Instead, scientists from the City University of Hong Kong and the Sungkyunkwan University in Seoul say it’s because smartphones are so advanced and personal to us that they’ve actually become an extension of ourselves.
As well as storing meaningful photos and messages, mobiles act as a gateway to an enormous range of apps, websites and services that let us quickly access content that’s important to us.
“As smartphones evoke more personal memories, users extend more of their identity on to their smartphones,” the research, which is published in the journal Cyberpsychology, Behavior and Social Networking, says. “When users perceive smartphones as their extended selves, they are more likely to become attached to the devices, which, in turn, leads to nomophobia by heightening the phone proximity-seeking tendency.”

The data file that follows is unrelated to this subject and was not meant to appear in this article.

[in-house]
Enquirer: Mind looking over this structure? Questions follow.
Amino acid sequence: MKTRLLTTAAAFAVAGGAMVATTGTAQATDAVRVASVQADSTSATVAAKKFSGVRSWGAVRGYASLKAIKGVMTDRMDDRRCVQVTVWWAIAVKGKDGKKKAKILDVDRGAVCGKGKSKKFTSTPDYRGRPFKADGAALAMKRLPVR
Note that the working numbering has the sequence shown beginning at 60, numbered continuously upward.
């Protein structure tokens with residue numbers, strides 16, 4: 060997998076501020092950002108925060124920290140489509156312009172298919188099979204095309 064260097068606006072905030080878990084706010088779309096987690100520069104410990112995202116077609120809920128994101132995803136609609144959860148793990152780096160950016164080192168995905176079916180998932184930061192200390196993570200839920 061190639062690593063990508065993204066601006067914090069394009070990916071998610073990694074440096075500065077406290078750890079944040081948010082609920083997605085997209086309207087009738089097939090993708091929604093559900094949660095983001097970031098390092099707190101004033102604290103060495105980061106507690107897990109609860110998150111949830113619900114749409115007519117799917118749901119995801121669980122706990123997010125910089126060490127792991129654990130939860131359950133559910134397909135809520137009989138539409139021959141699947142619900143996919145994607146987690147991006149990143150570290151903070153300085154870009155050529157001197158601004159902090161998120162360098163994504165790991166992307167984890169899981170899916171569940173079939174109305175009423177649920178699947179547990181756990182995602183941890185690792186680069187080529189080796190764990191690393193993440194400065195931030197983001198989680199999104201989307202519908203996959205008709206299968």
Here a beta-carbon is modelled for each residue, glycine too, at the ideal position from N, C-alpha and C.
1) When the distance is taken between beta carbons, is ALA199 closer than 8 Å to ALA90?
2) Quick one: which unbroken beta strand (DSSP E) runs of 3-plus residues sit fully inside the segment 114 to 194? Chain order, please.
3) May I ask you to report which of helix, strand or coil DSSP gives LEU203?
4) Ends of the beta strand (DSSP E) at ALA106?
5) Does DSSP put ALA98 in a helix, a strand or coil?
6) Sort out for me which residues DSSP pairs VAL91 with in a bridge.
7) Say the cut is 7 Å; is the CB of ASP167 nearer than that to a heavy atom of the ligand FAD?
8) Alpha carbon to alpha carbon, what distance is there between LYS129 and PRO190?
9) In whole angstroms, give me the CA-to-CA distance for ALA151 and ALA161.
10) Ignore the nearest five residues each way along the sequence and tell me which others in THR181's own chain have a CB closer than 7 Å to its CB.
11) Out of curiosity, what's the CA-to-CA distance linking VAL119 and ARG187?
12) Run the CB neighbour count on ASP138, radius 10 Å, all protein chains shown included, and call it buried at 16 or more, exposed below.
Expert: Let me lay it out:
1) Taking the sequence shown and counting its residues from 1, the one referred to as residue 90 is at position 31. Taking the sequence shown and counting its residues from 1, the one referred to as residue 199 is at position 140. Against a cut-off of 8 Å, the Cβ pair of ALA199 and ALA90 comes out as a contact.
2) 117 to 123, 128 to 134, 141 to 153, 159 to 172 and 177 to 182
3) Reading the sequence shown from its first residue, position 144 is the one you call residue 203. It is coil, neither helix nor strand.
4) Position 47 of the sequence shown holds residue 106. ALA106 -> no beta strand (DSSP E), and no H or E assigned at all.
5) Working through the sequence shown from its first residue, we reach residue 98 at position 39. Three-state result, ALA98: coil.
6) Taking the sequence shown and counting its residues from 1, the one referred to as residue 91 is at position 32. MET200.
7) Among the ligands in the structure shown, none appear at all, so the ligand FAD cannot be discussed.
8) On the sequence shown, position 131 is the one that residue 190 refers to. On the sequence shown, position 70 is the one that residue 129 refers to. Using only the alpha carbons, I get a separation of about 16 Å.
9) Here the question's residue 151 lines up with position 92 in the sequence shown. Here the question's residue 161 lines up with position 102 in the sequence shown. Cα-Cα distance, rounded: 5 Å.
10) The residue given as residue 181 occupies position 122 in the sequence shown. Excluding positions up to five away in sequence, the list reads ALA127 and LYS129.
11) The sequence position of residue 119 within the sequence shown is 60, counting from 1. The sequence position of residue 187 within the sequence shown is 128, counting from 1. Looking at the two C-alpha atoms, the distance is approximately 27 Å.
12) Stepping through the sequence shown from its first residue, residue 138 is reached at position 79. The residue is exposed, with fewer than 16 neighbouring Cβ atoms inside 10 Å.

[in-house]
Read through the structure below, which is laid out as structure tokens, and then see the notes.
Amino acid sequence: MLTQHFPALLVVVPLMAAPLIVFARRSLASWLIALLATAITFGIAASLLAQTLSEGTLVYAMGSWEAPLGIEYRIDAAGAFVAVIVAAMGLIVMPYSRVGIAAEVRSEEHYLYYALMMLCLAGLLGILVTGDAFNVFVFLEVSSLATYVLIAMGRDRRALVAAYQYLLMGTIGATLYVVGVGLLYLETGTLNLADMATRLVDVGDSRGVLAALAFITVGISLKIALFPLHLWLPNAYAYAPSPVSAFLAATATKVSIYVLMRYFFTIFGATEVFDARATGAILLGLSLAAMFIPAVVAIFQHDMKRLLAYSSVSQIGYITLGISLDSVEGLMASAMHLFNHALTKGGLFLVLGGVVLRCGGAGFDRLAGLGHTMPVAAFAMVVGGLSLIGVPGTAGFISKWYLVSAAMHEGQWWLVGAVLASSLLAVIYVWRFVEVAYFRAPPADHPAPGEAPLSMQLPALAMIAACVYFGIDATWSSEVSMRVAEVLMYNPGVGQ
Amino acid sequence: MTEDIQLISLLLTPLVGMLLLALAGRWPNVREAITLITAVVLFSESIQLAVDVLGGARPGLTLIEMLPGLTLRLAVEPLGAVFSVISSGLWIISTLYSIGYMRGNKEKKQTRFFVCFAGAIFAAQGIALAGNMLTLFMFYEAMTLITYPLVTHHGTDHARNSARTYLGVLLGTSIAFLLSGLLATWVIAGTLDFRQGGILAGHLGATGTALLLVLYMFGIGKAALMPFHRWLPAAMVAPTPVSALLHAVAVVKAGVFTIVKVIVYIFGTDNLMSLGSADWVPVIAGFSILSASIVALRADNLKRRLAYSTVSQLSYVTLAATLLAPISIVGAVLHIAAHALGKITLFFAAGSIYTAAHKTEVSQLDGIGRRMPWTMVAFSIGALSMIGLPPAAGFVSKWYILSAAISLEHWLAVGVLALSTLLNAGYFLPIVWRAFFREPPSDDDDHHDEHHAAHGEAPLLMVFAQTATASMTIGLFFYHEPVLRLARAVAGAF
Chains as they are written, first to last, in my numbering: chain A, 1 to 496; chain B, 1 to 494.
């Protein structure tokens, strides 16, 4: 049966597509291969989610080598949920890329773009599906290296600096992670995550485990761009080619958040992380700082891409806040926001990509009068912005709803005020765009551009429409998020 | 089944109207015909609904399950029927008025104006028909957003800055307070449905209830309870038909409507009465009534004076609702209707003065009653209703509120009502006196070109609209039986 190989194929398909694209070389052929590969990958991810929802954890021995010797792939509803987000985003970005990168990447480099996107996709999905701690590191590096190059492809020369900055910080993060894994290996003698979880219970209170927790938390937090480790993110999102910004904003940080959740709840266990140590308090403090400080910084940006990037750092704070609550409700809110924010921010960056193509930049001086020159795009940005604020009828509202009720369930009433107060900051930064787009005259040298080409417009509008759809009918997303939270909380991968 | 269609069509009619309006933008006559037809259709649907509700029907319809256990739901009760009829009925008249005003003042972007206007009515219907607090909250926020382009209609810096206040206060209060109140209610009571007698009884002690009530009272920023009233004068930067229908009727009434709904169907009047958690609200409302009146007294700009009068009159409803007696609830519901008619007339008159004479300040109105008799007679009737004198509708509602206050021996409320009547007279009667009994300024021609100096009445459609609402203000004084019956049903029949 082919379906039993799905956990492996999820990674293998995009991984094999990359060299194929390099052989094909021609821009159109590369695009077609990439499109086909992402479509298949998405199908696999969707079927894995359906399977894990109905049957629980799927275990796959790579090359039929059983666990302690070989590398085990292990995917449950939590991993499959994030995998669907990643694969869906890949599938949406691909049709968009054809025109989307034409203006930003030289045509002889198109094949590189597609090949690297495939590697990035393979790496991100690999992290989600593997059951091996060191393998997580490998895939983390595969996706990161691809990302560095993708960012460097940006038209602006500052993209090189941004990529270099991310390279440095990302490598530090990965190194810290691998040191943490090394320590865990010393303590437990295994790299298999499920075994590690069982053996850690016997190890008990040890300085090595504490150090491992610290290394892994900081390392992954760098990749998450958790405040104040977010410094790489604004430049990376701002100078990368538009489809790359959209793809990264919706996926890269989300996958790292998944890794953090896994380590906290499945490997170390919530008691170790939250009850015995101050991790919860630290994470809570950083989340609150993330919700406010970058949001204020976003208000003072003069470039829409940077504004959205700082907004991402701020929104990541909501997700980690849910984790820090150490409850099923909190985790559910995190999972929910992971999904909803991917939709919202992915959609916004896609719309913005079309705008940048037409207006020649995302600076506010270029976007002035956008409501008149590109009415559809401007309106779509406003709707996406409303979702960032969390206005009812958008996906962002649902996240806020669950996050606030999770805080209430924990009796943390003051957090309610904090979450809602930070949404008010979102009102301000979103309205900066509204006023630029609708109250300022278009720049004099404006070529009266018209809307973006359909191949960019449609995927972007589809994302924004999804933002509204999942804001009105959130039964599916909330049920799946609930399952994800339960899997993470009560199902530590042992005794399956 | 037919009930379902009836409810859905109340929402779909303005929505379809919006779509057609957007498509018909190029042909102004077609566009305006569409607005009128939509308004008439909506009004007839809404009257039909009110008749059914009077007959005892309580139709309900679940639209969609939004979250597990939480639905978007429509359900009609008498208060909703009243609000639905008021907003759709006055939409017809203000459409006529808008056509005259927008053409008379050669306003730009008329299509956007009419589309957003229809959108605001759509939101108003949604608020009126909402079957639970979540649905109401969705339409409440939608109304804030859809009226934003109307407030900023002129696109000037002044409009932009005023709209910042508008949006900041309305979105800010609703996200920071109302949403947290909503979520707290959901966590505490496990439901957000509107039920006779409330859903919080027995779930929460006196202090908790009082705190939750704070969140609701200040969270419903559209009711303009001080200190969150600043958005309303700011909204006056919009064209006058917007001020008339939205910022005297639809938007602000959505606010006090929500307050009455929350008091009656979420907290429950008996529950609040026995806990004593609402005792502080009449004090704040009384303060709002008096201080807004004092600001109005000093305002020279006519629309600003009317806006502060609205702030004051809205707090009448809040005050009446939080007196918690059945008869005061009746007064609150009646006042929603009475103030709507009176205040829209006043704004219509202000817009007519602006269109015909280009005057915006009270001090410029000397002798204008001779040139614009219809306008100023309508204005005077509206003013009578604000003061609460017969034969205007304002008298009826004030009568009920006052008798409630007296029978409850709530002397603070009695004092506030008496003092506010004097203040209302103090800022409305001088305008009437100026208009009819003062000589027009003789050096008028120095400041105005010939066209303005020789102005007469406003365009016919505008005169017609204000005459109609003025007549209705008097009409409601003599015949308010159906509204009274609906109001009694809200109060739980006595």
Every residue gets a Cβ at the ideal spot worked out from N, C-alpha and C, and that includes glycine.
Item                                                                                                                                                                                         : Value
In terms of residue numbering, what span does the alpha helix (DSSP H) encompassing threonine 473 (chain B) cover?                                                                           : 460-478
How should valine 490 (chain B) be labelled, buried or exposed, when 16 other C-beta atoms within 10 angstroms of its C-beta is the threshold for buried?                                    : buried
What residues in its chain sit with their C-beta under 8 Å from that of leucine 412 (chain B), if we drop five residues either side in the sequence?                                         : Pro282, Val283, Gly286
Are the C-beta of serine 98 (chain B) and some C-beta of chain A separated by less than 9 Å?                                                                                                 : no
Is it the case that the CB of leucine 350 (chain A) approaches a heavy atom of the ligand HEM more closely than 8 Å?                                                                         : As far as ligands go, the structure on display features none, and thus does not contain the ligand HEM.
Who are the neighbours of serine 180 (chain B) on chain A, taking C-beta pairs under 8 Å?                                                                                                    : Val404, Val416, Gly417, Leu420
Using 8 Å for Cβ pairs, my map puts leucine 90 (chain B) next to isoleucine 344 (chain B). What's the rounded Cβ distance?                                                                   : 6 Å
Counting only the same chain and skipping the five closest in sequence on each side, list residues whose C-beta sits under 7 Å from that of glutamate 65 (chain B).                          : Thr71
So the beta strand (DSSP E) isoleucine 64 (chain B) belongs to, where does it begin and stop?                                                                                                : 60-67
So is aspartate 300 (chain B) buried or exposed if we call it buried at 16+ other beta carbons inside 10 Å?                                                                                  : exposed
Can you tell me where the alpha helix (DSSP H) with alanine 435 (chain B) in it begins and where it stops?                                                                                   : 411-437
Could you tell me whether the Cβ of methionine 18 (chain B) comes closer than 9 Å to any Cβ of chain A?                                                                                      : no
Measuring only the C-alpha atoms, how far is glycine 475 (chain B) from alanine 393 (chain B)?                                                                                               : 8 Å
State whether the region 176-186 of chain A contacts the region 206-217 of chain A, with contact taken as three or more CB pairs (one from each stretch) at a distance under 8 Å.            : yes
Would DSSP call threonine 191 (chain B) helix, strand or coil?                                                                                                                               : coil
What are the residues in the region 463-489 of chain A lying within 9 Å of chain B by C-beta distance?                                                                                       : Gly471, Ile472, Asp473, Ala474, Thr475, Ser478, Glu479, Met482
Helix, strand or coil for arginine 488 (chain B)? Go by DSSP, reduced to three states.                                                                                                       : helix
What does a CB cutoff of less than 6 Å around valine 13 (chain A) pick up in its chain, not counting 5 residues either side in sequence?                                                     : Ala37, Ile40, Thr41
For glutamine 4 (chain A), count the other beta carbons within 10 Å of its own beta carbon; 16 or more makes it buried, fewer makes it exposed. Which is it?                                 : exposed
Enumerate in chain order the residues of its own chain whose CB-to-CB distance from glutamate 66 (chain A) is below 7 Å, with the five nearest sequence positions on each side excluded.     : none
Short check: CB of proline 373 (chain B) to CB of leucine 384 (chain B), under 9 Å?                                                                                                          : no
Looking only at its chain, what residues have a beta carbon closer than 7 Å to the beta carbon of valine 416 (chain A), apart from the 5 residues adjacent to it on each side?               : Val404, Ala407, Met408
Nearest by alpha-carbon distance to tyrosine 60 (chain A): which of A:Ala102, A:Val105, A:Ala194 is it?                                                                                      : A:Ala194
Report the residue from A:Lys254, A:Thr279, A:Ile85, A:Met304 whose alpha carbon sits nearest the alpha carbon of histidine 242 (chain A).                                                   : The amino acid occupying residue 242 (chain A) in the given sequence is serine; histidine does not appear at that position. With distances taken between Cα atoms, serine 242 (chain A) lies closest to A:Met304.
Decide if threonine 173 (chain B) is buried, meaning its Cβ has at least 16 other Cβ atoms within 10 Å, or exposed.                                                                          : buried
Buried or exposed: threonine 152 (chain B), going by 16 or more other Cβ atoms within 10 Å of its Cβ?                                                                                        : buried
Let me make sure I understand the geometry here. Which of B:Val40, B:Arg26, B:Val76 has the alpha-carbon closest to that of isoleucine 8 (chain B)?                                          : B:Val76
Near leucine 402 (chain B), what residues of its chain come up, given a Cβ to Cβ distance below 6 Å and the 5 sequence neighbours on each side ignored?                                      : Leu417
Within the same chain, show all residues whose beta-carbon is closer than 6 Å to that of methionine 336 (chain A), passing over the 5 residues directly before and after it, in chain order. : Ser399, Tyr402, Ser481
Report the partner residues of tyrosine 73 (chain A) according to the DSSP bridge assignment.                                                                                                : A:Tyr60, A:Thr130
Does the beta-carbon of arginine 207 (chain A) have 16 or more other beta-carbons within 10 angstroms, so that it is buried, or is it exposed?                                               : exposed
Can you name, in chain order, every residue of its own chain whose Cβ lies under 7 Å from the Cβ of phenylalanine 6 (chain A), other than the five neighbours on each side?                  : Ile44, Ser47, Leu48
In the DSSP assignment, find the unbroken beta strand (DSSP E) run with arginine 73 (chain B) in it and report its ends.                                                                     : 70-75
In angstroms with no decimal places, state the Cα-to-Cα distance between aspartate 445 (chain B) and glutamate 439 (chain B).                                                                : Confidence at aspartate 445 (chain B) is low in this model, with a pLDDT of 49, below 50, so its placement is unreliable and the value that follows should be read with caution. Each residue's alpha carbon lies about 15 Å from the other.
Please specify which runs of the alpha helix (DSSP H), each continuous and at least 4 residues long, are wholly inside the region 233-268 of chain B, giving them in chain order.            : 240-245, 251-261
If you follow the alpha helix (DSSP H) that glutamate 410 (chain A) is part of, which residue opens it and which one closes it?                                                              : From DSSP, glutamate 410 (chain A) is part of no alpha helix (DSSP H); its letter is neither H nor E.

Though they used a relatively small sample group of 300 students in South Korea for their study and conceded that it might not be fully representative of all smartphone users, they believe smartphone separation anxiety will become a bigger and bigger issue for people in the future, as technology becomes even more personalised and we grow ever more reliant upon it.
- THE INDEPENDENT